I recently tested a theory with a group of my students. “How many of you often read things with words you don’t understand?” I asked. Almost every hand went up. I continued, “What do you when you get to those words?” Barrage of answers: Try and figure it out from context, ignore it, stop reading. A whole slew of answers, but not one kid who picked up a dictionary.
Am I any different? Dictionaries are often inconveniently located when you need one and they break up the flow of the reading. But the problems that accompany this attitude are a vocabulary that never advances forward, and an incomplete understanding of a large percentage of what you read.
I was excited to find a something that could potentially solve the problem. Pretty much all of these issues could be solved with an amazing website: http://www.lingro.com. On the website there’s a place to plug in a URL, and after you press ‘enter’ you see your original webpage, but it’s now an interactive “clickable” dictionary. Any word you don’t know, you just click on it and the definition pops up right there. No need to rummage through your bookshelf and 200 pages to find the word in your dictionary. No interruption to the flow of your reading.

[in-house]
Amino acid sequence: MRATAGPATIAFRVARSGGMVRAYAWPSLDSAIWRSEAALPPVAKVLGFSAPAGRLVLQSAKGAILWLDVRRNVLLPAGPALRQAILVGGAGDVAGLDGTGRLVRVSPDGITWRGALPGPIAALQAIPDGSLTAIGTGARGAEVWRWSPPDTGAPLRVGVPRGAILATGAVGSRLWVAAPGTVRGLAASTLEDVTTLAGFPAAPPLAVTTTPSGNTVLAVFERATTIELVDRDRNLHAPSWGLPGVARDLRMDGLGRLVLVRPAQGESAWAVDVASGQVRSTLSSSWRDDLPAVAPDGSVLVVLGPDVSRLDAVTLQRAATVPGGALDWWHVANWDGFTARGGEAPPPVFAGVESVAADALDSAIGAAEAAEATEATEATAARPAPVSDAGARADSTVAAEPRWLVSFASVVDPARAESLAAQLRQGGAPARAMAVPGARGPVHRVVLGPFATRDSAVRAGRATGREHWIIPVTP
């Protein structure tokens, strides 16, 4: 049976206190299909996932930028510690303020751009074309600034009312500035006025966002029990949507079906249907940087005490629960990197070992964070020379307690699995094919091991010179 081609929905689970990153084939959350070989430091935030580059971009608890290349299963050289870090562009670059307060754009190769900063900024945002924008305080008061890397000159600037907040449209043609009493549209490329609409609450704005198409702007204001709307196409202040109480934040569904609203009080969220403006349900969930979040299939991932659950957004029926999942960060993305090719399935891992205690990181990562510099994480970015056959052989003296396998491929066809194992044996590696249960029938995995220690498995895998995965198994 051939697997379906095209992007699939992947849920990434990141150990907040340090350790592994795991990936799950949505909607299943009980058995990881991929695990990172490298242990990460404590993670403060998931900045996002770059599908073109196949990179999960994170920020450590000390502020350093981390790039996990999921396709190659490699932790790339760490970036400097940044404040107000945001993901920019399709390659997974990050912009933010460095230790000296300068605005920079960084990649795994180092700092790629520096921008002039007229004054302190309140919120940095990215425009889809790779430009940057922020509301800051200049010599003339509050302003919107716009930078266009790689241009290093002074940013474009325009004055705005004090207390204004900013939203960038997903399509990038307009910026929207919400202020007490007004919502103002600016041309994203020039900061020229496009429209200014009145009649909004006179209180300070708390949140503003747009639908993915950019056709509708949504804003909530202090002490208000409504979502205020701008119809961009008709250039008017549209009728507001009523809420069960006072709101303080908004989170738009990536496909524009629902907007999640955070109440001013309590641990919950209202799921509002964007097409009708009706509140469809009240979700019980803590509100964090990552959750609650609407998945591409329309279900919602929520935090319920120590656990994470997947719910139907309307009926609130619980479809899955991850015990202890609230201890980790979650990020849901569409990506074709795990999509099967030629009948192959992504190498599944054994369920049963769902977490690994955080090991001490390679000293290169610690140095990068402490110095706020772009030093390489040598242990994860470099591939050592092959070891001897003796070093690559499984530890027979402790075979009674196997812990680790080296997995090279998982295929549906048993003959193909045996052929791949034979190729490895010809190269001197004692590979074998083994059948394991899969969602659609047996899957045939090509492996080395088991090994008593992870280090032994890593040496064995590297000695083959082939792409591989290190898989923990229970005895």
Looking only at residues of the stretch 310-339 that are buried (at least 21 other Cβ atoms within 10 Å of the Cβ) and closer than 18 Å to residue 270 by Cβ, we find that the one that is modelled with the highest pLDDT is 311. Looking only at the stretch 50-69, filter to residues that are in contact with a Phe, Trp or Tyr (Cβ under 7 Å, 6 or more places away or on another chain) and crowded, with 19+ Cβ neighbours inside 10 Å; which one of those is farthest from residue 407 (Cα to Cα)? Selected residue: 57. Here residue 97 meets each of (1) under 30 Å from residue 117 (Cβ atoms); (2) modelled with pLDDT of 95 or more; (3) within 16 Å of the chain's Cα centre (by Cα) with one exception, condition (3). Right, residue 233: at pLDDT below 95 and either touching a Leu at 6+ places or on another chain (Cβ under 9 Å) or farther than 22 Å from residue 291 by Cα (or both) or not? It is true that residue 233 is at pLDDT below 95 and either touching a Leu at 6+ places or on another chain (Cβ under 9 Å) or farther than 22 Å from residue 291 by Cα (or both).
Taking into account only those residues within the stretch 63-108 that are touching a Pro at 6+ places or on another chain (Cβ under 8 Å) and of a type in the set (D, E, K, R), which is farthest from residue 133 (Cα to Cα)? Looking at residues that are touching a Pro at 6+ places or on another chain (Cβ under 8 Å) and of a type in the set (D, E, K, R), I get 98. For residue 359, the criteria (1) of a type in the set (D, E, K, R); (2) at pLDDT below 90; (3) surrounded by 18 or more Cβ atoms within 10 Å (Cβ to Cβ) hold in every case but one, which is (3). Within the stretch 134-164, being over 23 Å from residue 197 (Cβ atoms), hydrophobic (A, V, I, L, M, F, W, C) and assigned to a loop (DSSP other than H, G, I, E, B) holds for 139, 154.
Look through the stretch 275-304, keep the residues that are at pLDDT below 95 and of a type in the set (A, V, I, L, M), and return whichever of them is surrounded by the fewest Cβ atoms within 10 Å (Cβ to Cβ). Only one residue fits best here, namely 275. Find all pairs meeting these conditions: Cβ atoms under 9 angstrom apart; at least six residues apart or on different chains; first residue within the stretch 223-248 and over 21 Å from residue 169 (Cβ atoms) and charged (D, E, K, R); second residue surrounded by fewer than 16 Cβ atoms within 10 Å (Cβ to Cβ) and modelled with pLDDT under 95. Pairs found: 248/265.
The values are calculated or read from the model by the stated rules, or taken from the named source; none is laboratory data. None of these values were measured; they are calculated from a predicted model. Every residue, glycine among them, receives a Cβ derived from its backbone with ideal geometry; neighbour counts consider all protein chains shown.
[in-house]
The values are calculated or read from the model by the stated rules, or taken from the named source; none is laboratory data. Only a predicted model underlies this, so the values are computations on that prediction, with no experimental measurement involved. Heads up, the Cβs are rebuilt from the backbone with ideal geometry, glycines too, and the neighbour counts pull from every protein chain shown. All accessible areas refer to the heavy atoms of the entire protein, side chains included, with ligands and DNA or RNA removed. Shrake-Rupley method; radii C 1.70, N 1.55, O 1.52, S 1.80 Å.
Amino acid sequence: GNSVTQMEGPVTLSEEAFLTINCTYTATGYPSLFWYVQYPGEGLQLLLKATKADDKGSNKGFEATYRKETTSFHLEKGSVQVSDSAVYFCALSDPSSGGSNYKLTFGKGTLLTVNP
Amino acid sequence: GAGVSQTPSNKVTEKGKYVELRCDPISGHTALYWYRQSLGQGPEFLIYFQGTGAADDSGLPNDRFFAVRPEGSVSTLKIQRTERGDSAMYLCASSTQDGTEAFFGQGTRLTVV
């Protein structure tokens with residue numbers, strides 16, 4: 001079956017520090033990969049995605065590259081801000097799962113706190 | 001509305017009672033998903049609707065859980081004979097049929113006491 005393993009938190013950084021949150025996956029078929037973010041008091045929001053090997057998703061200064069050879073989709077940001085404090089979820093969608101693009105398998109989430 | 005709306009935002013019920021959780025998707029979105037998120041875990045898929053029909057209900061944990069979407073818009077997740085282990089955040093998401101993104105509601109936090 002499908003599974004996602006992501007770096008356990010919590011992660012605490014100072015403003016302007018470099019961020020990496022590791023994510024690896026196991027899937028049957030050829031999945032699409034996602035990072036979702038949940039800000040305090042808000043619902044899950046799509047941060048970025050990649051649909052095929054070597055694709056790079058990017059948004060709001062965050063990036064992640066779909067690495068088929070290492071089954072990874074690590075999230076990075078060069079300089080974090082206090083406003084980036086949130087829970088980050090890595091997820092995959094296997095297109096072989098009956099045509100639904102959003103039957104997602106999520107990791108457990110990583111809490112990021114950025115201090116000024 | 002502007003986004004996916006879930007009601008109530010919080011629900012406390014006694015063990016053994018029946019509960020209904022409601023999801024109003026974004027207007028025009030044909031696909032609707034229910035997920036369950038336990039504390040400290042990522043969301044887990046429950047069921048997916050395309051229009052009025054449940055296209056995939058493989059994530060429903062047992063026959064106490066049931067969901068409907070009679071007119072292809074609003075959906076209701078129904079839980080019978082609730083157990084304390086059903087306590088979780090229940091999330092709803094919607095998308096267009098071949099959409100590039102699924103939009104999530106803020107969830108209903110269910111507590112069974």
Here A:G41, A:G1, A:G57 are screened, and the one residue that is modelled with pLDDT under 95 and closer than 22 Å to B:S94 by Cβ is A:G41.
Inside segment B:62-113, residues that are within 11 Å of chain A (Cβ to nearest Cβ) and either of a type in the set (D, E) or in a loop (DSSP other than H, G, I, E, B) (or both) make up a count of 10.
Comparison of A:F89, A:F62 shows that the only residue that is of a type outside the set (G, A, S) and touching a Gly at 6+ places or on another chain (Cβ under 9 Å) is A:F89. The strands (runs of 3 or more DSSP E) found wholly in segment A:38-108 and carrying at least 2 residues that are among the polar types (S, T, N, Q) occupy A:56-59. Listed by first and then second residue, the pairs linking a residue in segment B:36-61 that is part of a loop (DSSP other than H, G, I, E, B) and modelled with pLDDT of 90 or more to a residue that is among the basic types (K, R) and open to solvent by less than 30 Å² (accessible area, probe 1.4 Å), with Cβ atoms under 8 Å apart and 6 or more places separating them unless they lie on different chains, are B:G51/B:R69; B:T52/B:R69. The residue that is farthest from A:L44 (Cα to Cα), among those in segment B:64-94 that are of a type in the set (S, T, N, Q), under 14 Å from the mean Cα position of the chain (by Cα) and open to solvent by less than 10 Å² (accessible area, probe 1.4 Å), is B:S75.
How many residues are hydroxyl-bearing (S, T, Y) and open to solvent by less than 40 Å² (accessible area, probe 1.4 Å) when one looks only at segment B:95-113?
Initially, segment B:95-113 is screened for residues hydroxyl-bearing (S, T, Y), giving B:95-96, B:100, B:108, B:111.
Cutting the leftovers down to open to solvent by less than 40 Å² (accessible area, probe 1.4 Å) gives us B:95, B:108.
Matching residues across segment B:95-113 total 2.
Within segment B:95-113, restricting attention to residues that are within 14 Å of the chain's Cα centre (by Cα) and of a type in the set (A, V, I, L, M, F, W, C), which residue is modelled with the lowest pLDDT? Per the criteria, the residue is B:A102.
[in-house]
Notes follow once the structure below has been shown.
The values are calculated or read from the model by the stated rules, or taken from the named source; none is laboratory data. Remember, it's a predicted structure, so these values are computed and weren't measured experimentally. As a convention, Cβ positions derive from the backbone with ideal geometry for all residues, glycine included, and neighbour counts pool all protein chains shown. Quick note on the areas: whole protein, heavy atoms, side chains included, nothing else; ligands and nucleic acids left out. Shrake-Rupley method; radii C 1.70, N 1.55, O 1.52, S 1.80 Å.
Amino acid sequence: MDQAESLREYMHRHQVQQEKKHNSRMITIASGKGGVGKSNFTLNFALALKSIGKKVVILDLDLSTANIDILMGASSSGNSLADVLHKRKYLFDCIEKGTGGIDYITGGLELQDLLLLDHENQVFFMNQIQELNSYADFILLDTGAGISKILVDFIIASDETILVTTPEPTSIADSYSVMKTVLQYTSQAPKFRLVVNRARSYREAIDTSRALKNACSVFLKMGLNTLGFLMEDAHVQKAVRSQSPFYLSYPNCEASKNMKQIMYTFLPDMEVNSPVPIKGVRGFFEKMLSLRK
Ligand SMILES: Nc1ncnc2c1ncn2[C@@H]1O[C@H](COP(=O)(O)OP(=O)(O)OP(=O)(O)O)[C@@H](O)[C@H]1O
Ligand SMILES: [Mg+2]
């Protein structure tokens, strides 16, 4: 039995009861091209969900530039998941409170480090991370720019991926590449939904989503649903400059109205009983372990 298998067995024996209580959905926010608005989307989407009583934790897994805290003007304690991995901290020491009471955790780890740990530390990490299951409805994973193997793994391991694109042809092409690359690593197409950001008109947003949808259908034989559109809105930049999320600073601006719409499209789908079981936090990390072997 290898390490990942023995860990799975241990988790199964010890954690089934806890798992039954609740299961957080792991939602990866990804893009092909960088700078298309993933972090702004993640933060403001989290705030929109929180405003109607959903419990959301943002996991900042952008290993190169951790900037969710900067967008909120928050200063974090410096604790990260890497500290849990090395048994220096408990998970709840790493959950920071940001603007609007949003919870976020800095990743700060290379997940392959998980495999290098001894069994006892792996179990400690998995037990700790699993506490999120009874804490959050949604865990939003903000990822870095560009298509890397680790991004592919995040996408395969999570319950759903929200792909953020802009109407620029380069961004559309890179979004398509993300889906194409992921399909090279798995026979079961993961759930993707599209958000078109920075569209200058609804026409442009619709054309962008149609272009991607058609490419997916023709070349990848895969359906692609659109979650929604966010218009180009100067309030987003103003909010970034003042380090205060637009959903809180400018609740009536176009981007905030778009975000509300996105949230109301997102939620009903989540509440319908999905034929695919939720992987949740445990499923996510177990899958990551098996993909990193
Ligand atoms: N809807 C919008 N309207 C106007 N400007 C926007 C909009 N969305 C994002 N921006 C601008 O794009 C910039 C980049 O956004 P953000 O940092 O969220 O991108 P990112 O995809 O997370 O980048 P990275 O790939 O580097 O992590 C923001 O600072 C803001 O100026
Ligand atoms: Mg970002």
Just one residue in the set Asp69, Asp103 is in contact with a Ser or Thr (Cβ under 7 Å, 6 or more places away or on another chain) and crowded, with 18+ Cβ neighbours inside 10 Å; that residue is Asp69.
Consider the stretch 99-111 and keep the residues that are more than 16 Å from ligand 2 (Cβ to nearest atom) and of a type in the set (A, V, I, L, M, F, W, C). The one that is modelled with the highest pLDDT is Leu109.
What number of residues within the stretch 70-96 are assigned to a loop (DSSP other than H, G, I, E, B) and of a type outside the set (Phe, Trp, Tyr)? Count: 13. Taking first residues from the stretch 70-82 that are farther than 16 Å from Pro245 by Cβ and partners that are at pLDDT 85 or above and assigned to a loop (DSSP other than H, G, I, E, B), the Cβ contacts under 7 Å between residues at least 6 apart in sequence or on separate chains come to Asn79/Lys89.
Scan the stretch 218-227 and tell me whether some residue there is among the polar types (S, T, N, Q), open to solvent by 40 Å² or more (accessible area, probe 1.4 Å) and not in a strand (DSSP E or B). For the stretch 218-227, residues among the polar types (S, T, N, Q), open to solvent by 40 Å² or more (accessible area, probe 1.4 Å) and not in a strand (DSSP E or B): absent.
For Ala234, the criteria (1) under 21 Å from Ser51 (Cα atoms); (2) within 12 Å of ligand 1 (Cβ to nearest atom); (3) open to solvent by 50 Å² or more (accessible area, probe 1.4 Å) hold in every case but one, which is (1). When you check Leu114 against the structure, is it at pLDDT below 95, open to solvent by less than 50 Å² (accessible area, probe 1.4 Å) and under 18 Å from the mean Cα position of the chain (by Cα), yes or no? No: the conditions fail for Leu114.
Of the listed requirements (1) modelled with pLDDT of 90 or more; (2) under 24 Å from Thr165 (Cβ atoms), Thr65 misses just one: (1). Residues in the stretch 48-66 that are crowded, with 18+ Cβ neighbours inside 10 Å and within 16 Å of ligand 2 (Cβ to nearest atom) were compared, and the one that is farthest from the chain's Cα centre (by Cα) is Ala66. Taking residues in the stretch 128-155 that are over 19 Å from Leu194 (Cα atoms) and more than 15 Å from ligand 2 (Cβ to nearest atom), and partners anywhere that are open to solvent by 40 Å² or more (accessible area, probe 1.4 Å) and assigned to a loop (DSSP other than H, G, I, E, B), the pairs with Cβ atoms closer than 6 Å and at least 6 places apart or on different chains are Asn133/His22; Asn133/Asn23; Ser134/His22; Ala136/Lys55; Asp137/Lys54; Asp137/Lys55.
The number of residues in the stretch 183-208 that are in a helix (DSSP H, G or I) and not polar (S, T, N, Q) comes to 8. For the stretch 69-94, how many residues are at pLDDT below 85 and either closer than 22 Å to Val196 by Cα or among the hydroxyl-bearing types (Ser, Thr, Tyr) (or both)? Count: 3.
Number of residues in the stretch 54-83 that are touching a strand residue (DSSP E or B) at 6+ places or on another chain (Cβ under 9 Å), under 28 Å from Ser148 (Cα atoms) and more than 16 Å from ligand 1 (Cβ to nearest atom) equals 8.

The possibilities for how this can be used in a classroom are virtually endless, and the time saved frees up so much ability for students to focus on the more important critical thought that should really dominate the class.
One final word: I don’t like reading from a computer screen. I print out virtually everything I read if it’s at all long. I don’t think the kids of this generation are at all like me. It’s possible that in the next several decades books will be as obsolete as audio cassettes. Reading on the screen is likely going to be the way our children feel most comfortable.